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Basic Processing for Mobile Photography

Lesson 5 of 7

How to Use Snapseed

 

Basic Processing for Mobile Photography

Lesson 5 of 7

How to Use Snapseed

 

Lesson Info

How to Use Snapseed

Once you have the app open, you can navigate straight to the image that you wanna edit. I'm gonna choose this portrait. And once you first get into the app, the first thing it opens up into is the Looks. So, along the bottom, it's on the left side, these are essentially what Snapseed's filters are. So, I find that, in general, I don't prefer these filters over the filters in, say, Prime or VSCO, so I usually don't touch them. And instead, I go straight into Tools. Now, you'll see that, given how many tools that are available in this app, it's actually quite powerful. And it's also a little bit overwhelming when you first launch it. So, the important thing to remember is that you don't have to use all of these different tools. I find that I love Snapseed, but I only use, maybe, three or four of the different tools. My favorites are Tune Image, which is on the top left, Selective Adjust, and Vignetting. So, those are probably the three that I find myself using the most often. When you ta...

p into Tune Image on the top left, the important thing to remember is that anything you do within Snapseed is generally an up-down, left-right motion, which means up-down takes you through the different menu options to choose from. Once you've landed on one that you wanna play with, the right-left will adjust what it's affecting. So, for Brightness, for example, swiping anywhere on the image itself or up at the top, near the bar, will adjust the brightness, making the image either brighter or darker. So, again, up-down through the different menu options, and then left-right to adjust the intensity. What I love in Snapseed is the Ambience slider. The Ambience slider is kind of what I would equate to something, I like to call it the MSG slider. I don't know exactly what it does, but it makes the image pop just so. So, when I go positive on the Ambience slider, essentially what it does is helps to even out my image tones. So, the brights get pulled down ever so slightly, the shadows get pulled up ever so slightly, so everything just kind of levels out a bit. There's also a slight increase in saturation and maybe slight increase in contrast, as well. If you go negative on that Ambience slider, you'll see that the opposite happens. Your brights get brighter, your darks get darker, you lose a little bit of saturation, and then there's a little tiny bit of a glow added, as well. That's a good look, sometimes, not always. But you'll find you'll figure out by playing with it what it looks good on and what it doesn't. So, for instance, I like the way that it looks on metal surfaces. So, sometimes, I might go down on the Ambience slider for metal surfaces. In general, though, I'm going up because I want a little bit of balance in my exposure. And I wouldn't apply it at more than, say, 20 or 25, generally something more like 15 to 20, but it depends on the image, right? On the top right, there's a little rectangle, and if you press on it, press and hold shows you the before, and if you let go, it shows you the after. So, you'll see that there's a very slight difference in the way that this image looks, but it does change it. Separately, once I save that particular change to my image, I can then decide if I want to use one of the other tools. So, the other one that I like to mention is, one of the other ones that I like to mention is Vignette. The reason I like this is because essentially vignetting darkens your edges a little bit. But with this tool, you can drag the center point so that it is on a different part of the image. So, it naturally finds the image center, but say you want her face to be more center, and say you want it to be a narrower focus or a wider focus, you can decide that by just two-finger pinching on the screen. And then, by swiping up, you get the menu options, and you can then decide to do something like brighten the center. So, increase the Inner Brightness. And then, by pressing that top right rectangle again, you can toggle between the before and the after. So, you'll see something like this will really emphasize her face over the other parts of the image. What I might do really quickly is, I actually don't like how dark it's making her arms, so I'm gonna make the Outer Brightness ever so slightly brighter. So, the emphasis is still on her face but not as dramatically. So, let's commit that Vignette change. The last tool I wanna talk about in Snapseed is the Selective Adjust. Opening up Selective Adjust takes you into this default opening scenario, which is with that blue plus in the circle at the bottom already activated, essentially. So, in order to place a dot on your image, you're already able to because that is already blue. So, you just tap onto the image where you want this dot to be. So, I've already kind of done this because I adjusted the Vignette, but this is another tool that would enable you to do something like make a specific part of the image brighter. So, it's essentially allowing you to make a very specific, localized adjustment. So, once you're in this tool, up-down lets you navigate through the different menu options that you're able to adjust within that Selective Adjust. So, Brightness, Contrast, Saturation, and Structure are the things that you're able to adjust. Depending on where you set your dots, so I'm setting it right in the center of her face, pinching and zooming shows me in red what is being affected by my adjustment because this is Selective Adjust, right? I'm only adjusting part of the image. Right now, it's on the brights, as you'll see. And if I do something like drop it onto the darks, instead, you'll see that what's being selected is very different. It goes by highlights, shadows, and mid tones. So, you can be fairly specific about what you're actually editing with that. So, say I wanna make her face brighter. I can navigate here to the Brightness tool, pinch and zoom to select the part of the image that I want, and then adjust brighter or darker. And again, these edits I'm making are very big edits just to show you what the tool does. In reality, I wouldn't actually apply that tool in the intensity that I'm demonstrating right now. At the end, go ahead and do your toggle back and forth to see how you've changed the image, decide whether or not you like it, and then commit that change. Once you've made the adjustments in each of the different tools, and you're looking at the original screen again where it says Looks, Tools, and Export along the bottom, the press and hold will give you all of the adjustments that you've made before and after. Once you've reached that point, and you feel good about your image, go ahead and press Export at the bottom, and save a copy.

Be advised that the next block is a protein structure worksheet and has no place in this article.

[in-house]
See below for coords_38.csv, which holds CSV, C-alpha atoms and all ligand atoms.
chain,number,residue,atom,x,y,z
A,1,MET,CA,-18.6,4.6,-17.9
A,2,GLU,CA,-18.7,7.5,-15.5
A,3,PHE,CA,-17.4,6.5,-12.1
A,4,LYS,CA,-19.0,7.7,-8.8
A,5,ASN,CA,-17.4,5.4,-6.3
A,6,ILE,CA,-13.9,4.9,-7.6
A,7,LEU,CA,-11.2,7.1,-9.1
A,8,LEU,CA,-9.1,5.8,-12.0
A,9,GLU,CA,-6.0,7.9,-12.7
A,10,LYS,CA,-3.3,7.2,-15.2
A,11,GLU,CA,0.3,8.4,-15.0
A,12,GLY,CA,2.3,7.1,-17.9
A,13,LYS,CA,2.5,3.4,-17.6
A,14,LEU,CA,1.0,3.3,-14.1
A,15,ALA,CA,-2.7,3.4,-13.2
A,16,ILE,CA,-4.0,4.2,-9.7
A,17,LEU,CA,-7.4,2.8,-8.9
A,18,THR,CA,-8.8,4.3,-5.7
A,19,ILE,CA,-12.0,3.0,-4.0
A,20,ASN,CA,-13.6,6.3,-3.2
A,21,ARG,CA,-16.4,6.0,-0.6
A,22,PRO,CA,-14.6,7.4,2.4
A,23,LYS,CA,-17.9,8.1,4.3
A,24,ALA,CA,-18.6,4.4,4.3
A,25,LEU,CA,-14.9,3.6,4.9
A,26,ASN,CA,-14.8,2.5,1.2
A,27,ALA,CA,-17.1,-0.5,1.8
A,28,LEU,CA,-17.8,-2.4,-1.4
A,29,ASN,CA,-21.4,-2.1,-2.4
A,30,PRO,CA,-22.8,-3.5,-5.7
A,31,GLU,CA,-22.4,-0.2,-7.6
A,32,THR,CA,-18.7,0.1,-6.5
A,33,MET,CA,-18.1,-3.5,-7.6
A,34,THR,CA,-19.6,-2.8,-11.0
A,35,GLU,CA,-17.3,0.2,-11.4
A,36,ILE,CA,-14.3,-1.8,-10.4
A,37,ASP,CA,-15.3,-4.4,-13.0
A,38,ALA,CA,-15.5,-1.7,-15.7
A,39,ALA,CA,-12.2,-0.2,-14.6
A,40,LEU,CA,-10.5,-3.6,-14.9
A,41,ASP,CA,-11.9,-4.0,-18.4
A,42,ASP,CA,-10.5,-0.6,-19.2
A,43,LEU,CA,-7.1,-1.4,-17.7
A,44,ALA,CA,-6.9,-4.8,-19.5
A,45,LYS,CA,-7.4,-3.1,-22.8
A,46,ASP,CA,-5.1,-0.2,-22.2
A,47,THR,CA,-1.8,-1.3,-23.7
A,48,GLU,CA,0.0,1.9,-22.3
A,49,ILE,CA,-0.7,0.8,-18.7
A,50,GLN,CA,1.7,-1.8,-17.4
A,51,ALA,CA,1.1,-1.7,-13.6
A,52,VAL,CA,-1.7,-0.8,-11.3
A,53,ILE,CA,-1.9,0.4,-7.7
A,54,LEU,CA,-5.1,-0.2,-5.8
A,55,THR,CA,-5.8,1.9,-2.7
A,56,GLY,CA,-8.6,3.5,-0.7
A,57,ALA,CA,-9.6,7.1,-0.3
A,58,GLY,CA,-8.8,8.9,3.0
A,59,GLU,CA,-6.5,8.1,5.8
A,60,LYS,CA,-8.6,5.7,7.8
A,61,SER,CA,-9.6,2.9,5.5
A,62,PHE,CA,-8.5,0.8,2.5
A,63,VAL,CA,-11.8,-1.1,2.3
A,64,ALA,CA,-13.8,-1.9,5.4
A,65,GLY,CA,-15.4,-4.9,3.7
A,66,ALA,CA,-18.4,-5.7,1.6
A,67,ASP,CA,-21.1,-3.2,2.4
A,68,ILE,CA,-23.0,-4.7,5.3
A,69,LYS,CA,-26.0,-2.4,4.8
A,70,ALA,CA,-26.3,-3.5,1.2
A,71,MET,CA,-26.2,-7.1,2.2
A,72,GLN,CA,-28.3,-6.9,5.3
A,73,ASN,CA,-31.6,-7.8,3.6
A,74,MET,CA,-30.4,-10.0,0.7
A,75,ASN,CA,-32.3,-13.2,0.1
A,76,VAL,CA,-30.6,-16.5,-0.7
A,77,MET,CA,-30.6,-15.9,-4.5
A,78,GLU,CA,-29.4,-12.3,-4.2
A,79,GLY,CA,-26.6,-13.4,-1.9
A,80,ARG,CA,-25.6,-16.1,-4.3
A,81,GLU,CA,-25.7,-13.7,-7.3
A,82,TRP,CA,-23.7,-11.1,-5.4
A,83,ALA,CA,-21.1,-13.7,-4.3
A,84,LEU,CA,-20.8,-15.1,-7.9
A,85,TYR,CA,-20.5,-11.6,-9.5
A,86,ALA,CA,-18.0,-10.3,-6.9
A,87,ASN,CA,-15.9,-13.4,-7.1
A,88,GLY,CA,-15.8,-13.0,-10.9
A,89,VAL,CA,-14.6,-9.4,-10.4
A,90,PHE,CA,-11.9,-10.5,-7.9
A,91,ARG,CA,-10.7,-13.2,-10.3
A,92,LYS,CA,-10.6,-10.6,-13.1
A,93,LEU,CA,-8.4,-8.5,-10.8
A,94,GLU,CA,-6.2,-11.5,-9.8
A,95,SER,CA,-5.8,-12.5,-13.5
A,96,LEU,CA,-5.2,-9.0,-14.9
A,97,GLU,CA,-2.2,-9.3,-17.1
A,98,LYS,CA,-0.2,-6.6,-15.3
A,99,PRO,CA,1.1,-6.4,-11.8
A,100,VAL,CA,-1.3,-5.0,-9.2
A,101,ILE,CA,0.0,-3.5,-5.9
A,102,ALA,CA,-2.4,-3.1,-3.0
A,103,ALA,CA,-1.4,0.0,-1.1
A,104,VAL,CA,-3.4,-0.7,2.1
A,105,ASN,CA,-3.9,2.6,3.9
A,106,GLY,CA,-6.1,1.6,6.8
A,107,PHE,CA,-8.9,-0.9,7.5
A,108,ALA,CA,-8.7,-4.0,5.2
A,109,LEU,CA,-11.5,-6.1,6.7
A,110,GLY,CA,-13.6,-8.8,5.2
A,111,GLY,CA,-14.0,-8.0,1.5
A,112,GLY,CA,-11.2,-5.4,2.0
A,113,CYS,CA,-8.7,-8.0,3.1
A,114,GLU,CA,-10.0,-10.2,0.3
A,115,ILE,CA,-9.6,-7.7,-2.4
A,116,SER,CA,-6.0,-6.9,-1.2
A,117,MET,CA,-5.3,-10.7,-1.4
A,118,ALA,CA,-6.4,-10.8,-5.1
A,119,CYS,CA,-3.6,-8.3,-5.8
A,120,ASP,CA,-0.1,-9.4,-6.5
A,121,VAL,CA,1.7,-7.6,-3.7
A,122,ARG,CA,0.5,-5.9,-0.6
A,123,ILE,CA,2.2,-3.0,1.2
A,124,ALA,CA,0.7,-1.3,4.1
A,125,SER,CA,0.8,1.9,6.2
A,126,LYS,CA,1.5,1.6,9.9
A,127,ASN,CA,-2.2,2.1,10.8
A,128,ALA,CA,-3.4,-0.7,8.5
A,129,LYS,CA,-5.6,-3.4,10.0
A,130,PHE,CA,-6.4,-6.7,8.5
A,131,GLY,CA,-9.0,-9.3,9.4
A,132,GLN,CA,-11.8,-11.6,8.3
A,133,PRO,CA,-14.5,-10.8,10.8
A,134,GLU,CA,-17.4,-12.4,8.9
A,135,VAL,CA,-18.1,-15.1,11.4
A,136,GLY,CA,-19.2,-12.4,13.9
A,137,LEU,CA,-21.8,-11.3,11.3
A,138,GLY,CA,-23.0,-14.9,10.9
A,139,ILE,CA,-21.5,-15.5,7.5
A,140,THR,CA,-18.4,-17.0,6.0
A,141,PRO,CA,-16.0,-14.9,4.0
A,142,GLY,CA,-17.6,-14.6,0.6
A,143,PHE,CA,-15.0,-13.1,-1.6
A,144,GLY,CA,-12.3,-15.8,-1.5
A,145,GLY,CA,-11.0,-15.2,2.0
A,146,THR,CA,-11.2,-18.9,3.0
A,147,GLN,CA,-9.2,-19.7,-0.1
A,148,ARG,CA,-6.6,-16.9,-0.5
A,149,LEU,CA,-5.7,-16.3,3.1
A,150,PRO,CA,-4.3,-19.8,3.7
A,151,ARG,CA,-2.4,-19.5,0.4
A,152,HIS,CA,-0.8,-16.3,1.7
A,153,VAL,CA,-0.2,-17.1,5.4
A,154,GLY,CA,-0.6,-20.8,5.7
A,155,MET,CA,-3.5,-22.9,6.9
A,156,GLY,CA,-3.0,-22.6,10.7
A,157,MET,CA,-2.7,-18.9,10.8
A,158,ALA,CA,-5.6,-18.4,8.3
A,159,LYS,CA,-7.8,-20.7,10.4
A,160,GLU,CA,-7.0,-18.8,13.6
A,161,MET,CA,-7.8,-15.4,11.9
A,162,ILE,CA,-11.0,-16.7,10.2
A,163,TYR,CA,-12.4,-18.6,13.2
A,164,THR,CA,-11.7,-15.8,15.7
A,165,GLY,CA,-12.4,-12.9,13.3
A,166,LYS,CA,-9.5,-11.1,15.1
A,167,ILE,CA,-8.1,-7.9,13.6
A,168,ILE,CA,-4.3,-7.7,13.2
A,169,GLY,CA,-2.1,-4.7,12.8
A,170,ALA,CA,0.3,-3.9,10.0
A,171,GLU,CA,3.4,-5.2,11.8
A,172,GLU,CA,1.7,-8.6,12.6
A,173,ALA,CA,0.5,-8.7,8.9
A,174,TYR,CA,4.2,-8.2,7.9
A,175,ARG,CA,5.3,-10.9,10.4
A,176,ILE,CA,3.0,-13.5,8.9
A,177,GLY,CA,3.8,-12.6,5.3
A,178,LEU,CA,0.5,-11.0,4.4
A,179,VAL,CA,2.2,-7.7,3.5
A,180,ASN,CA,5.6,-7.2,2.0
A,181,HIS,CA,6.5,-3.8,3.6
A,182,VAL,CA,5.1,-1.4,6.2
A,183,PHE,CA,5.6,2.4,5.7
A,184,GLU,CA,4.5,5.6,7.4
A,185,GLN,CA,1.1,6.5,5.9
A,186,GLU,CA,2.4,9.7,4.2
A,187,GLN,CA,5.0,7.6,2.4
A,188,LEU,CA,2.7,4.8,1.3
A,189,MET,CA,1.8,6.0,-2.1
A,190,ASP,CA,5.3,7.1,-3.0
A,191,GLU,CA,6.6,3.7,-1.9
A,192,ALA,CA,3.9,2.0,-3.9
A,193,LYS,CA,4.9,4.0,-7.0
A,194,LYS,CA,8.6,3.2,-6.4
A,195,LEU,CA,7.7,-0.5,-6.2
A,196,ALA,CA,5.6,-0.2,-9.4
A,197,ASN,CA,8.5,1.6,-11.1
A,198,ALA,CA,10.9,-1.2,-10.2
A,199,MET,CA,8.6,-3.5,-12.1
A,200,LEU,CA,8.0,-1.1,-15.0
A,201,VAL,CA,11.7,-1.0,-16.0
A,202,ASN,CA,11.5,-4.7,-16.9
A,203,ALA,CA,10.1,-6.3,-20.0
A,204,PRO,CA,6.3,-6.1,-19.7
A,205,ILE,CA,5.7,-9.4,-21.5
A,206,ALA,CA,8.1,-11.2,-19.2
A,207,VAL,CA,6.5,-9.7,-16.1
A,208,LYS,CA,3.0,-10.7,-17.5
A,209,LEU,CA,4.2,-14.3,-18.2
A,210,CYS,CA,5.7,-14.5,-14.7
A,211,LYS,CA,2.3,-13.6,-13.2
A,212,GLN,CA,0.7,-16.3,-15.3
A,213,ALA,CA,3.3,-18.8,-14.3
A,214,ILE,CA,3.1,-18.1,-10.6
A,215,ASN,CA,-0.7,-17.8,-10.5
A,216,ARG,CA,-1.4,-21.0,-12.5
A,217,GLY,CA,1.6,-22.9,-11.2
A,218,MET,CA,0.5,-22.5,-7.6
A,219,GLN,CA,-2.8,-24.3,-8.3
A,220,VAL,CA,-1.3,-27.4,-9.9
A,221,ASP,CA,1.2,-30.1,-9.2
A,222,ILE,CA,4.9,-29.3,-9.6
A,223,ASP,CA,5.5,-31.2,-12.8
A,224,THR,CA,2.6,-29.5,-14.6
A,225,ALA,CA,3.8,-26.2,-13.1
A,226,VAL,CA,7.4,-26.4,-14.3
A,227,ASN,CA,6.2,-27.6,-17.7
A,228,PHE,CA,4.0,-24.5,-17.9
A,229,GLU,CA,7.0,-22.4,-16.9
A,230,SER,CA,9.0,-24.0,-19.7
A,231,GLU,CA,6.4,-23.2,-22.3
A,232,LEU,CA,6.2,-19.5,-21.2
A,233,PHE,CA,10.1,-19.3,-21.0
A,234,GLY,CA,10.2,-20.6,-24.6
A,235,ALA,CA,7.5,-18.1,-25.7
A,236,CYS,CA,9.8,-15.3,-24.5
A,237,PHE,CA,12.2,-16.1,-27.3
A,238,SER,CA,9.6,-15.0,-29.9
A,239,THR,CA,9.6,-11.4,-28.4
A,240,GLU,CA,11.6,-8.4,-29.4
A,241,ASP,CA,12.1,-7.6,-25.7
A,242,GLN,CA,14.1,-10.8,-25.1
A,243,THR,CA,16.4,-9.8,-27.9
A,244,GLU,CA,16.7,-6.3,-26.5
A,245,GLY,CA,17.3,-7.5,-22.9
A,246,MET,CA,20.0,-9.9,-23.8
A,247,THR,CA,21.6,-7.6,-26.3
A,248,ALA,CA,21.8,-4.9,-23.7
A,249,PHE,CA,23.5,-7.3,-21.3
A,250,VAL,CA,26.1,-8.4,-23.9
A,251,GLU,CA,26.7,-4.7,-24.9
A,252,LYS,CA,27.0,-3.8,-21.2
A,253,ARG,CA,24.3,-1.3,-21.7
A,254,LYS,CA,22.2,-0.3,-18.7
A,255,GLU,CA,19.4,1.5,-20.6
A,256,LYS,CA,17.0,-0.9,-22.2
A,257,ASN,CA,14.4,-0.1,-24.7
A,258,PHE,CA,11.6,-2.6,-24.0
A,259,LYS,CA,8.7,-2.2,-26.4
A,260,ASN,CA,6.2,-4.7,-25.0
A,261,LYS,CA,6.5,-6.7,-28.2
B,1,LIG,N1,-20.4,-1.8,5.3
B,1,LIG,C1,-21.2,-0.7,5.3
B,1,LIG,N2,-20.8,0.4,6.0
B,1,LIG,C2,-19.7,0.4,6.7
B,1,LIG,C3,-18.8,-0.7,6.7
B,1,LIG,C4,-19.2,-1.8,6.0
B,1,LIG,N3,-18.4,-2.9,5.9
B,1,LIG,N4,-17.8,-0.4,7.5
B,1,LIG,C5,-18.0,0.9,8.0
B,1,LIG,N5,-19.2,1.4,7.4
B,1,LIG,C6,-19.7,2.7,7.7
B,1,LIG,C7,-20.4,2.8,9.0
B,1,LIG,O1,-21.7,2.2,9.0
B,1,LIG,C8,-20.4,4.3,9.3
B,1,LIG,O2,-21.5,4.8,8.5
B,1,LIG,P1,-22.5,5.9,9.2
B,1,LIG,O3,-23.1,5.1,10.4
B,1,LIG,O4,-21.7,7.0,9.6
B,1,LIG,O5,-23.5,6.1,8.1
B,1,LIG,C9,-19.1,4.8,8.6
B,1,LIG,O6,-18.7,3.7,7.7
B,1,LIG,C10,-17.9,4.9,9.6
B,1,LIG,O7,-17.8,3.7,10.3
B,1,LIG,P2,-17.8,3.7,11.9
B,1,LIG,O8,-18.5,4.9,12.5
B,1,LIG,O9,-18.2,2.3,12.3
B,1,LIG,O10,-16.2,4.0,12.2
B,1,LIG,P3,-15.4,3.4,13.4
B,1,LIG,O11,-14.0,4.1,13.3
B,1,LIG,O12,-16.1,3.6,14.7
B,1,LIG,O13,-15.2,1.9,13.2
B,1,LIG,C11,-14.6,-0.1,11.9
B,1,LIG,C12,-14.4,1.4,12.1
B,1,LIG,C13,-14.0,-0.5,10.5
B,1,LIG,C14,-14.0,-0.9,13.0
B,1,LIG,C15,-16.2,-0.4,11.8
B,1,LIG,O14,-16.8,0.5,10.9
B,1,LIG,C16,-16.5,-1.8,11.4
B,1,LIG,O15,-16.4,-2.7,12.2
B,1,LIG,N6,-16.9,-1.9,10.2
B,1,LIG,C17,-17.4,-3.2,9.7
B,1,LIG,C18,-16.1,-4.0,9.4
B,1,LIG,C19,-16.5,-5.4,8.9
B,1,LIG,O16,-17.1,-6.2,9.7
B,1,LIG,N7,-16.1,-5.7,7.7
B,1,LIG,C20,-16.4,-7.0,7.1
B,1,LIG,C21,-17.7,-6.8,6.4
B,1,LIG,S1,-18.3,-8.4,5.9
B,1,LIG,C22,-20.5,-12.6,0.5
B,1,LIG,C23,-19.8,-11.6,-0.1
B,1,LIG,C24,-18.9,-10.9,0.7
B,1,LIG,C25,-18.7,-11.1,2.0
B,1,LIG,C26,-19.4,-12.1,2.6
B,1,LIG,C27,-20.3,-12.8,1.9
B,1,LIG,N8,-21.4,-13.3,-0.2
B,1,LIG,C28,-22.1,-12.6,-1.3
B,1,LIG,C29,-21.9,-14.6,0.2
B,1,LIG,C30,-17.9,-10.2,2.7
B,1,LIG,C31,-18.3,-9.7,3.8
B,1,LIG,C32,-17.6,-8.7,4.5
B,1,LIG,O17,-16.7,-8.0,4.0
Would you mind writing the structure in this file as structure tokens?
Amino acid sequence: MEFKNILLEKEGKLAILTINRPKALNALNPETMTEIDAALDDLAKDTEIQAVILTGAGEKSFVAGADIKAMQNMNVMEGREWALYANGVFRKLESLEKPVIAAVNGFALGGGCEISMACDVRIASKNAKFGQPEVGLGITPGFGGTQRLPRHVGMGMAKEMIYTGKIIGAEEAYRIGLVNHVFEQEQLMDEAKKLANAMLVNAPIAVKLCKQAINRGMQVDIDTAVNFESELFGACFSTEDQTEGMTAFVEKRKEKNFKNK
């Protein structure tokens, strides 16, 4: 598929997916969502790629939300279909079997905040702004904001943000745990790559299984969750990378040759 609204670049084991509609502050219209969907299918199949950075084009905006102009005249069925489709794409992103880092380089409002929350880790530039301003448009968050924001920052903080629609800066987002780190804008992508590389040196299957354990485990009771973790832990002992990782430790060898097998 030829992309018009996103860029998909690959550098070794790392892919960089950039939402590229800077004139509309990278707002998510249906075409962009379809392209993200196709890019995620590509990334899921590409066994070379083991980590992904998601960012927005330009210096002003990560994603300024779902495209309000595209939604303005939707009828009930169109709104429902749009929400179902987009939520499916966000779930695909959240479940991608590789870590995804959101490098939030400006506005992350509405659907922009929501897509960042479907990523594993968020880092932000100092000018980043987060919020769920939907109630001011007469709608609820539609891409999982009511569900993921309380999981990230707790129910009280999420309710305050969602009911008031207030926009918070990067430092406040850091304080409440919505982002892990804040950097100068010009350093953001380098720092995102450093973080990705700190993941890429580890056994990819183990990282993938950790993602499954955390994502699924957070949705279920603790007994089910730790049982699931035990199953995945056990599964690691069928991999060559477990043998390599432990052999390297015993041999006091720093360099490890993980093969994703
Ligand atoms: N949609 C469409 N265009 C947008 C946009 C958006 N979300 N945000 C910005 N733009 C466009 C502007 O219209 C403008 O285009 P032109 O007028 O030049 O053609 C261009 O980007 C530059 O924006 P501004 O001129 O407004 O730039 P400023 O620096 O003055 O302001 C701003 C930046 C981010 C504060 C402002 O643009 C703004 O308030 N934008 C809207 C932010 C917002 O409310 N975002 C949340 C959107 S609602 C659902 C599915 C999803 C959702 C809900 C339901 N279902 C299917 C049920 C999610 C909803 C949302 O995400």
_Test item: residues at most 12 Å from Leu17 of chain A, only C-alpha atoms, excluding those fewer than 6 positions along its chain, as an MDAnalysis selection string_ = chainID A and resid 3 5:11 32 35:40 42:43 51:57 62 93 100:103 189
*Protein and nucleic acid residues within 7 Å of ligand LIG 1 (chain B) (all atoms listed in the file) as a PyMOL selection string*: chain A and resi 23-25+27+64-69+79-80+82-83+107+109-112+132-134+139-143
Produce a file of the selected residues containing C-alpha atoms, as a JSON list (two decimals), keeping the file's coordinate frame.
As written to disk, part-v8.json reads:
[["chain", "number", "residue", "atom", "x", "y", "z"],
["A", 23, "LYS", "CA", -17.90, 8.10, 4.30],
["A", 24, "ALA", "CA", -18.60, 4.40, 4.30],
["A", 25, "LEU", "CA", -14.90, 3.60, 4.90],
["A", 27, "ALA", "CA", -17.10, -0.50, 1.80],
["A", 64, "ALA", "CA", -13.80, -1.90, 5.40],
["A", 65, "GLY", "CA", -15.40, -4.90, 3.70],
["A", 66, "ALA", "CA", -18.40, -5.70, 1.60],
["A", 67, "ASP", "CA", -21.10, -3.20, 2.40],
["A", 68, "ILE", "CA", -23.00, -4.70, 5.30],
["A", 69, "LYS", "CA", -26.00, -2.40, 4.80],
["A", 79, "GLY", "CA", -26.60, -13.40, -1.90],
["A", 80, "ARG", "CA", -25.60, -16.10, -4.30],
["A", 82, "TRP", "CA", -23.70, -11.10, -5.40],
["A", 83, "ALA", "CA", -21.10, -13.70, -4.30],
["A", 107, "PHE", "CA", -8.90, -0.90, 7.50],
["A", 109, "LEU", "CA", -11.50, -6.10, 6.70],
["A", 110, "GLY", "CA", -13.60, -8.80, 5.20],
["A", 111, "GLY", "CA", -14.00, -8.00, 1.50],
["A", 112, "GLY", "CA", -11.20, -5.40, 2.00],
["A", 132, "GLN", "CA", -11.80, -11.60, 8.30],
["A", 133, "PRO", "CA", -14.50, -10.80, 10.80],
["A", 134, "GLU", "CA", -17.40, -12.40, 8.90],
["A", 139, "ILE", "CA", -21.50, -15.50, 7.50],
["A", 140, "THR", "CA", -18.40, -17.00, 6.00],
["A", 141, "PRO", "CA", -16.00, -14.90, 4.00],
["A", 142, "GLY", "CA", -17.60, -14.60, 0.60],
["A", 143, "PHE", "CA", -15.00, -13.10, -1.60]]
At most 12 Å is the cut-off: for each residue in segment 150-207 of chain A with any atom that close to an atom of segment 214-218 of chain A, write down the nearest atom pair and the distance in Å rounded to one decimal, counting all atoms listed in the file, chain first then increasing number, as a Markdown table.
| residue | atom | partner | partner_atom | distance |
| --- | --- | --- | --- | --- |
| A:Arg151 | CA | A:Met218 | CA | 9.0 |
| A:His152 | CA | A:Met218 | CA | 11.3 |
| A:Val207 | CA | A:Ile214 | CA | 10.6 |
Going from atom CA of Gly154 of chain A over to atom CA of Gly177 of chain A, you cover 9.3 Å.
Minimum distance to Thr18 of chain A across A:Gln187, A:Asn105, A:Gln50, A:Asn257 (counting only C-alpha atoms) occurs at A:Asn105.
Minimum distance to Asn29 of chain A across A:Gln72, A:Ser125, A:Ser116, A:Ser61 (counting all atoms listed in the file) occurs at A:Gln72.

Class Description

Everyone always has a phone with them, and that means they always have access to a powerful camera. But once you’ve taken the photos, what can do to make them look truly exceptional? Pei Ketron, photographer and internationally renowned Instagrammer will show you how to use some of the most popular iPhone editing apps to process your images and create a simple and efficient workflow.

In this class, you’ll learn:

  • How to select and use various editing apps
  • iPhone photography workflow
  • Editing to give your images the look you want to achieve

Editing your iPhone pictures doesn’t have to be complicated and this class will show you how to take those images and make them ones that you’ll want to share with your family, friends and on social media.

Reviews

a Creativelive Student
 

Great except the sound volume is lower than average Creative Live show

PETE
 

It's not her. She clearly knows photography. At least I think she does. But what happened to knowing that you can't really see a photo online that well, especially in something like instagram. And moving sliders is so different than getting the good light in camera, as, you know, photographers do. This is a great way for the lay person to produce better looking photos. Not better photos. It's like taking a profession and learning to fake it, but forgetting to mention that's what you are doing. In this age of short cuts and faking it, shouldn't we just have that clause stated some place: Warning! This is a great shortcut but not great photography. A quick copy of a great work of art produces a quick copy, not art. Are there now people who don't know the difference?